Servant Leadership Research Proposal

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Servant Leadership by Robert K. Greenleaf

Servant Leadership: A Journey into the Nature of Legitimate Power & Greatness. Robert K.

Greenleaf. Mahwah, NJ: Paulist Press, 2002. 370.

As a senior in college, Greenleaf had a sociology professor who challenged him to think about changing the structure of leadership within companies and the other large organizations that dominate American life. Greenleaf made the decision to work for at&T because it was the world's largest employer at that time, during the 1920s. He moved quickly into training and eventually into upper management. After retiring from at&T, Greenleaf became a consultant. He was consulting at the time that the concept of servant leadership came into the national consciousness, and he was introduced to it in the context of the campus turmoil that impacted universities in the 1960s and 1970s. Greenleaf began writing his book in 1969 and continued writing it over a 20-year period, developing the concept of the servant leader.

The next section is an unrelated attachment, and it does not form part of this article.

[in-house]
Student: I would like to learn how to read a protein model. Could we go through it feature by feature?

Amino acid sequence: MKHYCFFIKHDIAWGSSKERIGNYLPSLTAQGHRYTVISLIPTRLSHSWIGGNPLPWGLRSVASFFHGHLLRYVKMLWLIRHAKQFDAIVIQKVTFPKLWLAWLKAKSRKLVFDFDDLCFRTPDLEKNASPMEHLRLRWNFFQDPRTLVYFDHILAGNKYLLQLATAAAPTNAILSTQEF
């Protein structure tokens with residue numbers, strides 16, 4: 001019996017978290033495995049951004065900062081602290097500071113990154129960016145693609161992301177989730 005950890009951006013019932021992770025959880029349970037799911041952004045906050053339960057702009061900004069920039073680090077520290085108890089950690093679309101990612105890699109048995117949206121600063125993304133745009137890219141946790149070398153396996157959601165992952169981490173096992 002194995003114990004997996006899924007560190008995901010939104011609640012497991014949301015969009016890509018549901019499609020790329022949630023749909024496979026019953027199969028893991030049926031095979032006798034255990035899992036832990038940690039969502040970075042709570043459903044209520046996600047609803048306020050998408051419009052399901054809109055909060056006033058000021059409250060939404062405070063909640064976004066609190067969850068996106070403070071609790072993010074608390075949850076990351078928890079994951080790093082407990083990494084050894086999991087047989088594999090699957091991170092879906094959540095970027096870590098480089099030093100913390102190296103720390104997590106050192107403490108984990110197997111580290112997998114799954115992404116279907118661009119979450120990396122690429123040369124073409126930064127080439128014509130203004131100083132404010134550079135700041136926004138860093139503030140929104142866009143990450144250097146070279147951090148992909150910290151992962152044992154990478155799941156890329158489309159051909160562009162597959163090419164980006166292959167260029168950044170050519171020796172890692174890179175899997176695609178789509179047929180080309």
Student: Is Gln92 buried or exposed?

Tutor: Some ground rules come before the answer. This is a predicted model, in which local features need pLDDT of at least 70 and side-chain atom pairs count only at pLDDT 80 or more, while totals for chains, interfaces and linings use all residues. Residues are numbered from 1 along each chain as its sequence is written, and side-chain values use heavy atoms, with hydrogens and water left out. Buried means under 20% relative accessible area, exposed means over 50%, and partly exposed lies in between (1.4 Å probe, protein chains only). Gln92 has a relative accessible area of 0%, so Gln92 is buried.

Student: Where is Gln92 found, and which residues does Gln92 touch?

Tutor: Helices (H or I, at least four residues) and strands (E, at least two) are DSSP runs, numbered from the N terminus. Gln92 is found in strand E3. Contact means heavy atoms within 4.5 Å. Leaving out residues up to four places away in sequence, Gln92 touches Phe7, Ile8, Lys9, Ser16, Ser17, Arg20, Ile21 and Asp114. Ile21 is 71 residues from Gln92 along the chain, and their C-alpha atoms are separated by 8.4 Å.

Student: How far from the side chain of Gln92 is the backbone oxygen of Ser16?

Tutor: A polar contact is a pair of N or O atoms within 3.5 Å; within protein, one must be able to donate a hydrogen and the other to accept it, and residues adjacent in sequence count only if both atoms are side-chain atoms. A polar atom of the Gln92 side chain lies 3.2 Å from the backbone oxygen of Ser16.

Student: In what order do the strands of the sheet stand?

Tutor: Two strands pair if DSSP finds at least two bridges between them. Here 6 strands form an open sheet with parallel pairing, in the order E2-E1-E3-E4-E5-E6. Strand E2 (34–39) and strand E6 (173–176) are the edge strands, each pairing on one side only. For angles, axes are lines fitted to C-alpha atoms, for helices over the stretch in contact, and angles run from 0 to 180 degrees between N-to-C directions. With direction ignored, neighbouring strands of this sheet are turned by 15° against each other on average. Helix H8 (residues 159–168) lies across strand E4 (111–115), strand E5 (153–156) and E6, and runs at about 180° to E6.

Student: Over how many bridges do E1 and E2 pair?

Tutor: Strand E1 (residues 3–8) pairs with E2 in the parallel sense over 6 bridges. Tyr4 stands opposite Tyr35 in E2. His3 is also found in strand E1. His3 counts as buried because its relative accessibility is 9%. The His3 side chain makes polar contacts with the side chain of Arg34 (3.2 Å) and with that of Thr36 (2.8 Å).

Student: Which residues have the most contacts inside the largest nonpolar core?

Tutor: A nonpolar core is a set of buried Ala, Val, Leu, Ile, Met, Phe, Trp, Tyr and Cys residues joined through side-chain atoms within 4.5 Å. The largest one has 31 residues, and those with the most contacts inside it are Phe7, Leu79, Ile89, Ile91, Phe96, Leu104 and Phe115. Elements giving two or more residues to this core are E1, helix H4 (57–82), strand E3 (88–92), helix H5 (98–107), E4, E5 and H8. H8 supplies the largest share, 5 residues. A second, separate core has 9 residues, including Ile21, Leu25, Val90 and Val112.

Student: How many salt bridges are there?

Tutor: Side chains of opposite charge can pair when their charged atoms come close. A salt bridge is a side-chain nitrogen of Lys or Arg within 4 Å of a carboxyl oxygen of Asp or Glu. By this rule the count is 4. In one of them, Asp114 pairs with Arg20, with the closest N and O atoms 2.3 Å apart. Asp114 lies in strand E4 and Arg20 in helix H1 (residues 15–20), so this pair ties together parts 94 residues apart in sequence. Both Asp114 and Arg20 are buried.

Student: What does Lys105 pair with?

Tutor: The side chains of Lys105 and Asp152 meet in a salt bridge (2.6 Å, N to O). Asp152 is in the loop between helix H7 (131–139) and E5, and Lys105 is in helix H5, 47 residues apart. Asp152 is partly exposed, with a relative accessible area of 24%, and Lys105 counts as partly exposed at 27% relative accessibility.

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TOPIC: Research Proposal on Servant Leadership Assignment

Greenleaf begins his book with the premise that "the great leader is seen as servant first, and that simple fact is the key to his greatness" (2002, p.21). Greenleaf goes on to discuss the lack of able leaders in modern times, and links that lack to a general disregard for prophecy. Instead of looking to modern prophets, Greenleaf sees many people clinging to old prophets, which he believes keeps them from being seekers. He believes that many natural servants are listening to modern prophetic voices, and that, by doing so, are becoming discontent with the status quo. However, he worries that discontent is not enough to cause people to emerge as servant leaders because discontent often leads to a disconnect from other people instead of a desire to lead or follow. Greenleaf asks these potential leaders to "accept the human condition, its sufferings and its joys, and to work with its imperfections as the foundation upon which the individual will build wholeness through adventurous creative achievement" (2002, p.26). Greenleaf believes that leaders take initiative, are goal-oriented, actively listens, strives for understanding, the ability to think outside the confines of language, the ability to withdraw when necessary, the ability to accept people and empathize with them, and both insight and foresight.